Duchess Potatoes

Side DishHolidayGluten-FreePotato

Classic Duchess potatoes, mashed with butter, nutmeg and cream, then baked until the tops are golden brown.

Photography Credit: Elise Bauer

Duchess potatoes. Welcome to old school, fancy schmancy mashed potatoes!

So, tell me. Who is the duchess for whom these potatoes are named? Or is it just the pattern of browned ribbons and waves that are reminiscent of a frilly shirt or silly hat that gives these potatoes their name? Who knows.

Duchess potatoes are a rather precious way of serving mashed potatoes; they’ve been piped in decorative swirls, usually formed into individual portions, painted with butter, and browned in the oven.

Here’s the thing about duchess potatoes, they taste great! I think it might have something to do with the butter. And the cream. And the way that both the tops and bottoms get browned. They’re actually rather addictive.

Duchess Potatoes

Usually the mention of “piping” is enough to send me running to the hills. But making these pretty little potatoes isn’t so bad, assuming you have a piping bag and a large star tip.

If not, you can pipe them into florets using the cut corner of a freezer bag. Or just skip the piping all together and spread the mashed potatoes into a casserole dish, create peaks on the surface with the tines of a fork, and bake.

Duchess Potatoes Recipe

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  • Prep time: 10 minutes
  • Cook time: 45 minutes
  • Yield: Serves 4-6 as a side dish

You can easily scale up this recipe.

To make ahead for a dinner party, just prepare the mashed potatoes, pipe them and refrigerate. Put them in a 425°F oven 20 minutes before serving to brown.

Ingredients

  • 2 pounds potatoes (Yukon Golds work best), peeled and cut into chunks
  • Salt
  • 1/4 cup heavy cream
  • 4 tablespoons unsalted butter, divided
  • 1/4 teaspoon nutmeg
  • 1/2 teaspoon black pepper
  • 3 egg yolks

Method

1 Boil the potatoes: Place potatoes in a medium to large pot (3 qt) and cover with a couple inches of cold water. Add a couple teaspoons of salt to the water. Bring to a simmer and cook until the potatoes are tender (the tines of a fork easily pierce), about 20-25 minutes.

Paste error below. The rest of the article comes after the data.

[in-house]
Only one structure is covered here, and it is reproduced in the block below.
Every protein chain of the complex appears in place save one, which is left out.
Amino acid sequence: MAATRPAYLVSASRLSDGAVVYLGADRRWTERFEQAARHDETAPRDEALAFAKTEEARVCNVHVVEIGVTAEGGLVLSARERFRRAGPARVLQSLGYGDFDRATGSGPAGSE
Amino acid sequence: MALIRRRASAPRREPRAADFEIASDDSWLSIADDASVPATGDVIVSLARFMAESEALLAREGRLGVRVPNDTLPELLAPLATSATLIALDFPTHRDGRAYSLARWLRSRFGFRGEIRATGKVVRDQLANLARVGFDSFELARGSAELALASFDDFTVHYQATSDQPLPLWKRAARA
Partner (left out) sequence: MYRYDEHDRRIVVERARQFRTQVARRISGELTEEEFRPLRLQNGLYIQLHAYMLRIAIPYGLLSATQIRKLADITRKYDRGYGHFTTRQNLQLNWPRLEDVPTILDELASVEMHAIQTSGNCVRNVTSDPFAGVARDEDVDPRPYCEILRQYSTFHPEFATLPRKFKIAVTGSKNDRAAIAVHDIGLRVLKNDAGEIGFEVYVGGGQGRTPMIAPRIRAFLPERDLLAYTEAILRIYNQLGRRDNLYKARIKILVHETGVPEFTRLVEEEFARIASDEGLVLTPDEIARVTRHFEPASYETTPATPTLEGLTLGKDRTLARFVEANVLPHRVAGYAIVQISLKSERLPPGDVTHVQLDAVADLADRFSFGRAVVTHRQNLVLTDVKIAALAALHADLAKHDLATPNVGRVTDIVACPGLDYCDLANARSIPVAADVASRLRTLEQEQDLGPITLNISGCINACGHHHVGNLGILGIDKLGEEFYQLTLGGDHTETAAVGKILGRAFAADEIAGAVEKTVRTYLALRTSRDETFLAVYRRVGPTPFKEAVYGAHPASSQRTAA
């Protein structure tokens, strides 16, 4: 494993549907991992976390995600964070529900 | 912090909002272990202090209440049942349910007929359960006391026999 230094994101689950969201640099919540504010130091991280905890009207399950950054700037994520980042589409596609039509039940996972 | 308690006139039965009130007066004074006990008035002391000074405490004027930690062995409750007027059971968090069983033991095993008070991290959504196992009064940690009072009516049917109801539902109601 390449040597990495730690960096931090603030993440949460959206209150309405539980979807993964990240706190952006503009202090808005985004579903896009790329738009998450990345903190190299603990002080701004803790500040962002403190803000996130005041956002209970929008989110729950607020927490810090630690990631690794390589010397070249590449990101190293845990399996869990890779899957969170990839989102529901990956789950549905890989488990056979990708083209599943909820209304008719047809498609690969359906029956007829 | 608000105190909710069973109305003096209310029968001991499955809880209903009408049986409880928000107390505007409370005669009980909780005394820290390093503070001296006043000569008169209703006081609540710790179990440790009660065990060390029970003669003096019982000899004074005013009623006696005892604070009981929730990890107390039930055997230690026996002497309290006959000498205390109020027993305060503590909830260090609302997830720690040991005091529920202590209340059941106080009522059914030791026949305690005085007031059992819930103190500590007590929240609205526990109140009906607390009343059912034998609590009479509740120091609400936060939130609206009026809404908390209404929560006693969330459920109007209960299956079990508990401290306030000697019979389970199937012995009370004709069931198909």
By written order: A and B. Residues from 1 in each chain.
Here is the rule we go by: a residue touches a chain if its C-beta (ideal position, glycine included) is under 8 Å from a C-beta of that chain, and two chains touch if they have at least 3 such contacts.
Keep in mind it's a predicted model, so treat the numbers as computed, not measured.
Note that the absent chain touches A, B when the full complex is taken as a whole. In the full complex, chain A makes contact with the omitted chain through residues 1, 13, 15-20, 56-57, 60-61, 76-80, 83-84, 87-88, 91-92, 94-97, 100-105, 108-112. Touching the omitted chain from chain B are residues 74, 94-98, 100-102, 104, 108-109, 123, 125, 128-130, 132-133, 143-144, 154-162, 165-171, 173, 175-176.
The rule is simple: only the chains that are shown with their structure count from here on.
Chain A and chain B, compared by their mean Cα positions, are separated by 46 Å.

2 Melt butter, preheat oven: While the potatoes are boiling, melt 2 tablespoons of butter and set aside. You will use this butter to coat the potatoes right before they go in the oven. Preheat the oven to 425°.

3 Drain potatoes and let them release steam: When the potatoes are cooked, drain in a colander and put the potatoes back in the pot set over low heat. Allow them to release steam for a minute or so.

4 Mash with butter, then with spices and cream, then with salt and egg yolks: Add 2 tablespoons of butter and mash the potatoes until the butter has been incorporated. Add the nutmeg, black pepper, heavy cream and continue mashing the potatoes.

Once everything is incorporated, add salt to taste and the egg yolks.

Continue to mash until the mixture is smooth. Do not over-mash or your potatoes will end up with a gluey consistency.

5 Pipe onto a baking sheet, brush with melted butter: Using a piping bag with a large star point, pipe the potatoes onto a cookie sheet. Alternatively, you can just fill a casserole dish with the mashed potatoes, and use a fork to create lots of peaks on the surface.

The swirled edges from the star-point piping bag forms or the peaks of mashed potatoes in a casserole dish will brown nicely in the oven. The browned parts taste great, so you want to maximize them.

Whether you make piped portions or a casserole, paint the potatoes with the melted butter.

6 Bake: Bake in the 425°F oven until nicely browned, about 20 minutes.

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Links:

Smoky Cheesy Mashed Baked Potatoes - from Picky Palate

Baked Garlic Mashed Potatoes with Herbs - from Andrea Meyers

Duchess Potatoes

No time for piping? Just put the potatoes in a casserole dish.

Showing 4 of 24 Comments / Reviews

  • ebethc

    Could you freeze the potatoes after you’ve piped them onto the baking sheet? If so, it would be a great “make-ahead dish”

  • John watson

    Hey guys, I’ve tried this recipe a few times and my potatoes just appear to melt into a blob!??! Please help.

  • Keith

    Done this several times now, using casserole dish. Simple and really nice.

  • Susan

    I’ve never made Duchess potatoes but I’ve had them at a restaurant served with beef wellington and they were wonderful. At that time, as now, I fantasized about how the mixture might be used as an appetizer or as a garnish for an appetizer. They are so dressy, especially for the holidays. Thanks for featuring this now.

  • mantha

    Yeah, they’re a little fussy, but they sure are pretty, and I bet they are rich tasting and creamy as a special treat. Well worth the effort, especially for that little arts-and-crafts inner child in the kitchen.

    Are the egg yolks in there mainly to hold the form of the individual fluted servings, or an important part of the flavor, or what? I never thought about egg in mashed potatoes, but why not?

    I think the egg yolks help with the color, richness, and perhaps a little structure too. I have a friend who regularly adds eggs (whites and yolks) to her mashed potatoes, then bakes them. Makes them a little fluffier. ~Elise

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